Under Iranian law, same-sex conduct is punishable by flogging and, for men, the death penalty. Although Iran permits and subsidizes sex reassignment surgery for transgender people, no law prohibits discrimination against them. On September 14, 2017, Nasser Atabati, prosecutor of Ardebil province, told media that six people had been arrested in Ardebil for "promoting homosexuality" on the Telegram messaging platform. More »
Iraq’s criminal code does not prohibit same-sex sexual relations, although article 394 makes it illegal to engage in extra-marital sex. More »
Sections 76, 77, and 79 of Jamaica’s Offences Against the Person Act (1864) criminalize both consensual and non-consensual sex between men, and punish same-sex conduct with a sentence of up to 10 years in prison or hard labor. More »
The Tokyo Municipal Government (TMG) in October passed a LGBT non-discrimination law, which requires the TMG and encourages private organizations such as companies, schools, and private groups to act to address discrimination based on sexual orientation and gender identity. More »
In March 2018, Feminita, an Almaty-based lesbian, gay, bisexual, and transgender (LGBT) group, issued a report that documented abuses against LGBT women in Kazakhstan, including insults, humiliation, harassment, illegal dismissals, and forced resignations. More »
Kiribati punishes “buggery” with up to 14 years in prison.
Adultery and extramarital intercourse are criminalized, and same-sex relations between men are punishable by up to seven years in prison. More »
Lesbian, gay, bisexual, and transgender (LGBT) rights groups reported that LGBT people continue to face ill-treatment, extortion, and discrimination by state and non-state actors. More »
Article 534 of the penal code punishes “any sexual intercourse contrary to the order of nature” with up to one year in prison. More »
The penal code prohibits all sexual acts outside marriage, including consensual same-sex relations, and punishes them with flogging and up to five years in prison. More »
Section 153 of Malawi’s penal code provides that any person found guilty of committing an “unnatural offence /offence against the order of nature” is liable to 14 years in prison, with or without corporal punishment. Section 154 punishes attempted unnatural offences with seven years’ imprisonment, and section 156 punishes “gross indecency” between males with five years in prison, with or without corporal punishment. More »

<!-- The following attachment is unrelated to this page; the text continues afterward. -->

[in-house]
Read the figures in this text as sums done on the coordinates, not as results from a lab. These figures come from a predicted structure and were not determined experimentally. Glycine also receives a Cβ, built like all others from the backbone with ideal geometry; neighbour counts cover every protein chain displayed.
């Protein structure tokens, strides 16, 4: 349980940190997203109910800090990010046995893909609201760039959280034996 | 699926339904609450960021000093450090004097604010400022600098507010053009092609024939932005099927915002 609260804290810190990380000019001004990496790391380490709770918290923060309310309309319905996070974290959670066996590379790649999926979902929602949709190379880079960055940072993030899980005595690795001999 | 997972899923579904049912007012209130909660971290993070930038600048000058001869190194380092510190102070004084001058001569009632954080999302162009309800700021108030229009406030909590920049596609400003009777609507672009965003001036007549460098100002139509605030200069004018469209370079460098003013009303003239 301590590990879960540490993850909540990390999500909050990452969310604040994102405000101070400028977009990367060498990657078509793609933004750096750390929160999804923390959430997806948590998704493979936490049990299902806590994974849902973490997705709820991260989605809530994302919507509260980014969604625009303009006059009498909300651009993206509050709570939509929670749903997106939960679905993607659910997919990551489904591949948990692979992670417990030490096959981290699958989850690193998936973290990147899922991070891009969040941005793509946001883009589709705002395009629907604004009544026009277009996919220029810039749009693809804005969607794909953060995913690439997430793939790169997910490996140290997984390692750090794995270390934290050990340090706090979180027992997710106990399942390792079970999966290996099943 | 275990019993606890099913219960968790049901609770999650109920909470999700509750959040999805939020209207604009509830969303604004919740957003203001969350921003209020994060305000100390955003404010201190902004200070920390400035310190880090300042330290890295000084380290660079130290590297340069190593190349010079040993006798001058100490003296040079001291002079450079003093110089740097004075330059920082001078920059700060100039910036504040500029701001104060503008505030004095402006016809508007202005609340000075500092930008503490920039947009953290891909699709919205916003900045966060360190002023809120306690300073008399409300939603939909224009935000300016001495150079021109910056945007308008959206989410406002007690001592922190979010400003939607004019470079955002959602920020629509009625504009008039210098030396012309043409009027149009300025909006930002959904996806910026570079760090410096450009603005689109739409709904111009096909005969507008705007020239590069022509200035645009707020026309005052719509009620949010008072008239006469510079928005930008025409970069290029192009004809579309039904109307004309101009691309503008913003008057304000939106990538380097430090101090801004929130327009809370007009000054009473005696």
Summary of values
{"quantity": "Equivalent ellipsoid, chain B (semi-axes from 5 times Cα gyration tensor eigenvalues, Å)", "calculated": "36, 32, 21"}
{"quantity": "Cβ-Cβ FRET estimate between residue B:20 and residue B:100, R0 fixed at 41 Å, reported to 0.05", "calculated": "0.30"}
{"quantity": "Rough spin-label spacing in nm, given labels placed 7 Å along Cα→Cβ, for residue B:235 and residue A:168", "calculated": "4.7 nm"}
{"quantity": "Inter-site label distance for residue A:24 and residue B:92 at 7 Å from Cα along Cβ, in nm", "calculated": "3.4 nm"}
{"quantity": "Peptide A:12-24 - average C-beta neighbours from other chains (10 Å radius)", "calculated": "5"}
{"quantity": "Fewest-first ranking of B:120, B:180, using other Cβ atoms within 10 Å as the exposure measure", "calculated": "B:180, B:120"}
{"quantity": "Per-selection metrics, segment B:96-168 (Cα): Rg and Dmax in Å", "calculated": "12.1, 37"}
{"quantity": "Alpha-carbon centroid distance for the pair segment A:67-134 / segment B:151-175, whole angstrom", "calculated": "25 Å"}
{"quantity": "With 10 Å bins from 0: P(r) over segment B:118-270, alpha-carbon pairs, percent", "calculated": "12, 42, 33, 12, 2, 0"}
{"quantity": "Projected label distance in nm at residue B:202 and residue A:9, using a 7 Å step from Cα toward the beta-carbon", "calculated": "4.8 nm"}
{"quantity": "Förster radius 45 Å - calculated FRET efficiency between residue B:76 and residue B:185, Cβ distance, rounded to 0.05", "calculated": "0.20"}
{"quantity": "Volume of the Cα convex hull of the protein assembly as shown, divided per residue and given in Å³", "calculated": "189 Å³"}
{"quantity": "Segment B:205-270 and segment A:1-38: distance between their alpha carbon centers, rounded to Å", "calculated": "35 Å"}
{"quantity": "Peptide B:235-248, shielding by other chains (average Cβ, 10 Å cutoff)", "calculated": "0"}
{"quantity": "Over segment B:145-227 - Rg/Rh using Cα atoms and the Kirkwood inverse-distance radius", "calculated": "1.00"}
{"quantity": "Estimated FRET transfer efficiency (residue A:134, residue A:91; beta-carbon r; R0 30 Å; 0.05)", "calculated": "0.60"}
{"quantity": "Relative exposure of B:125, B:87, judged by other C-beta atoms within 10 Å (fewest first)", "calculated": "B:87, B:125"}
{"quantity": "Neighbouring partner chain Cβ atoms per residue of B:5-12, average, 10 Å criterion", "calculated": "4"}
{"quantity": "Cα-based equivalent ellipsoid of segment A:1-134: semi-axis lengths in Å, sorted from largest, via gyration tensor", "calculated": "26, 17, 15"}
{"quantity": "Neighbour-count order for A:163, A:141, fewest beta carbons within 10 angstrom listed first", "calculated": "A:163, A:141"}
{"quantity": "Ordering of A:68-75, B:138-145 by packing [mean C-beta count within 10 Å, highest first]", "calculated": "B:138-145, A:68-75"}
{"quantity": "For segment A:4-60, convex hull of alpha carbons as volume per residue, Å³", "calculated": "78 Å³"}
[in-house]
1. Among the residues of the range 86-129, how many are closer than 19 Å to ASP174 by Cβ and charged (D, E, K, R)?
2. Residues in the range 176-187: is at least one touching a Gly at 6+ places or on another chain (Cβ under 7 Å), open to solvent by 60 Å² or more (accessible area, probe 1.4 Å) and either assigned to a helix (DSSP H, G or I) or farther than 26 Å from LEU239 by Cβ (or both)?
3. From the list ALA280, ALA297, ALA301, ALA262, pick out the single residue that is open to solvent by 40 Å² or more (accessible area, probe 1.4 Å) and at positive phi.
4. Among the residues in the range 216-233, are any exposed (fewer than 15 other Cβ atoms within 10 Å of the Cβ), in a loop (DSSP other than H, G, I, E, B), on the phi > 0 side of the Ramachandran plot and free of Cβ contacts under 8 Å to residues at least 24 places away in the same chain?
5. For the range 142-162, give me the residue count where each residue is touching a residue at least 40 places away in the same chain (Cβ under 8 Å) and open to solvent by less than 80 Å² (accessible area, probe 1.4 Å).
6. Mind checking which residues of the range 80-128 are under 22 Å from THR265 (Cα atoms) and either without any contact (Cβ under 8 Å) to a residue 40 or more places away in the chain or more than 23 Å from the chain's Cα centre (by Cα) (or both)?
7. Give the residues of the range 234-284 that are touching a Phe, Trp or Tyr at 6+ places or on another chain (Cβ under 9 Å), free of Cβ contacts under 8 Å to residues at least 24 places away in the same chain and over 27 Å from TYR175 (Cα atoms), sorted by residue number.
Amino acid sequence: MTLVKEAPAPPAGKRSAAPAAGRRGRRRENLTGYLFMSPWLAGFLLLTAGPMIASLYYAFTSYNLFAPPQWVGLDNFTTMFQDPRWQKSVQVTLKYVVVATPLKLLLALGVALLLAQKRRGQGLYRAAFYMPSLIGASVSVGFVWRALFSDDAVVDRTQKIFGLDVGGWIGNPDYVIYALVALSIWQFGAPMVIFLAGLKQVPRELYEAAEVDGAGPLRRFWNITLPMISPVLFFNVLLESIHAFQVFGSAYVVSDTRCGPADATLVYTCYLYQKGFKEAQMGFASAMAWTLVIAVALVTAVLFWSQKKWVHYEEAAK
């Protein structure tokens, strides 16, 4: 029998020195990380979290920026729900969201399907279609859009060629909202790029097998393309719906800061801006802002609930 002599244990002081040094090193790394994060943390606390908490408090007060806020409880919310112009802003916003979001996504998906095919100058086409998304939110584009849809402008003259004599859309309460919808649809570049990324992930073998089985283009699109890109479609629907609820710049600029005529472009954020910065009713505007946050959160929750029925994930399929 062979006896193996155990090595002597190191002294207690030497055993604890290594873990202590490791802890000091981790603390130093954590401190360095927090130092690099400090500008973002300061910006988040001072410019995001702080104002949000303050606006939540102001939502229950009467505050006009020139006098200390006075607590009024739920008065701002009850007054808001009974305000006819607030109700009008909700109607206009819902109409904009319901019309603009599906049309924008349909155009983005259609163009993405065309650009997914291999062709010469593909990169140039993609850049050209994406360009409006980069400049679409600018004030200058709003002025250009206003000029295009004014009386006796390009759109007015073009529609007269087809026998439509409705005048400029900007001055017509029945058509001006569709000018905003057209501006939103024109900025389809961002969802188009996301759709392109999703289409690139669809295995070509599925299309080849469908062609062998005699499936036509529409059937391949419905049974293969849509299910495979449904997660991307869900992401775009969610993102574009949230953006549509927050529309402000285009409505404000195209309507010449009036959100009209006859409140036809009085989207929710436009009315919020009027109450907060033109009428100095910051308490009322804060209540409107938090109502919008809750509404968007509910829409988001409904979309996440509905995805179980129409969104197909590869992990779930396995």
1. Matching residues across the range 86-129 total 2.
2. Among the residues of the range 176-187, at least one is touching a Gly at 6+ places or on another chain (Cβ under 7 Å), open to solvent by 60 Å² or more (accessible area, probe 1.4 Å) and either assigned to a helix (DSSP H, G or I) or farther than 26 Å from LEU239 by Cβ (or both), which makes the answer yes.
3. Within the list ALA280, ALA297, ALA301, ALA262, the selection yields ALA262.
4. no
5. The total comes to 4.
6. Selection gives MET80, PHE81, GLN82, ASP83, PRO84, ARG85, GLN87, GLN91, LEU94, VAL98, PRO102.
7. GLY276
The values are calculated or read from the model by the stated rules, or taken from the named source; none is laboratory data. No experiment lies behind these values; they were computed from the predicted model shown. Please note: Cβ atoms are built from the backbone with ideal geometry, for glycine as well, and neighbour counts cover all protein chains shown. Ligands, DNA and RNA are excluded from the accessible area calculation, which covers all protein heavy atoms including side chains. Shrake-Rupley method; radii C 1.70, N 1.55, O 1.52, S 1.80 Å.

Discrimination against LGBT people remains pervasive in Malaysia. Federal law punishes “carnal knowledge against the order of nature” with up to 20 years in prison, while numerous state Sharia laws prohibit both same-sex relations and non-normative gender expression, resulting in frequent arrests of transgender people. More »
The Maldivian penal code criminalizes adult, consensual same-sex sexual conduct; the punishment can include imprisonment of up to eight years and 100 lashes. More »
Article 308 of the penal code prohibits homosexual conduct between Muslim adults and punishes it with death for males. There were no known cases of persons imprisoned or sentenced to death in 2018 for homosexual conduct. More »
Mauritius punishes sodomy with up to five years in prison.
Article 489 of the penal code stipulates prison terms of six months to three years for “lewd or unnatural acts with an individual of the same sex.” More »
Two years since the decriminalization of homosexuality in Mozambique, and in spite of a November 2017 court decision that declared unconstitutional a law with vague “morality” provisions that had been used to justify denying registration to LGBT groups, the government has still not registered the country’s largest such group, Lambda. More »
Burma’s penal code punishes “carnal intercourse against the order of nature” with up to ten years in prison and a fine. More »
Namibia criminalizes sodomy and “unnatural sexual offences” between men. The sentence is unspecified.
The constitution recognizes sexual orientation and gender identity as protected through fundamental rights. More »
The government moved to limit accommodation for newly arrived asylum seekers in the country, arguing that local authorities were increasingly meeting demand, and during the year closed multiple shelters, with the aim of reducing capacity from 31,000 to 27,000. More »
In May 2018, the Benue State House of Assembly passed a Same Sex Marriage Prohibition (SSMP) Law. Like the federal law adopted in 2014, the law criminalizes public show of same-sex amorous relationships, same-sex marriages, and the registration of gay clubs, societies, and organizations. More »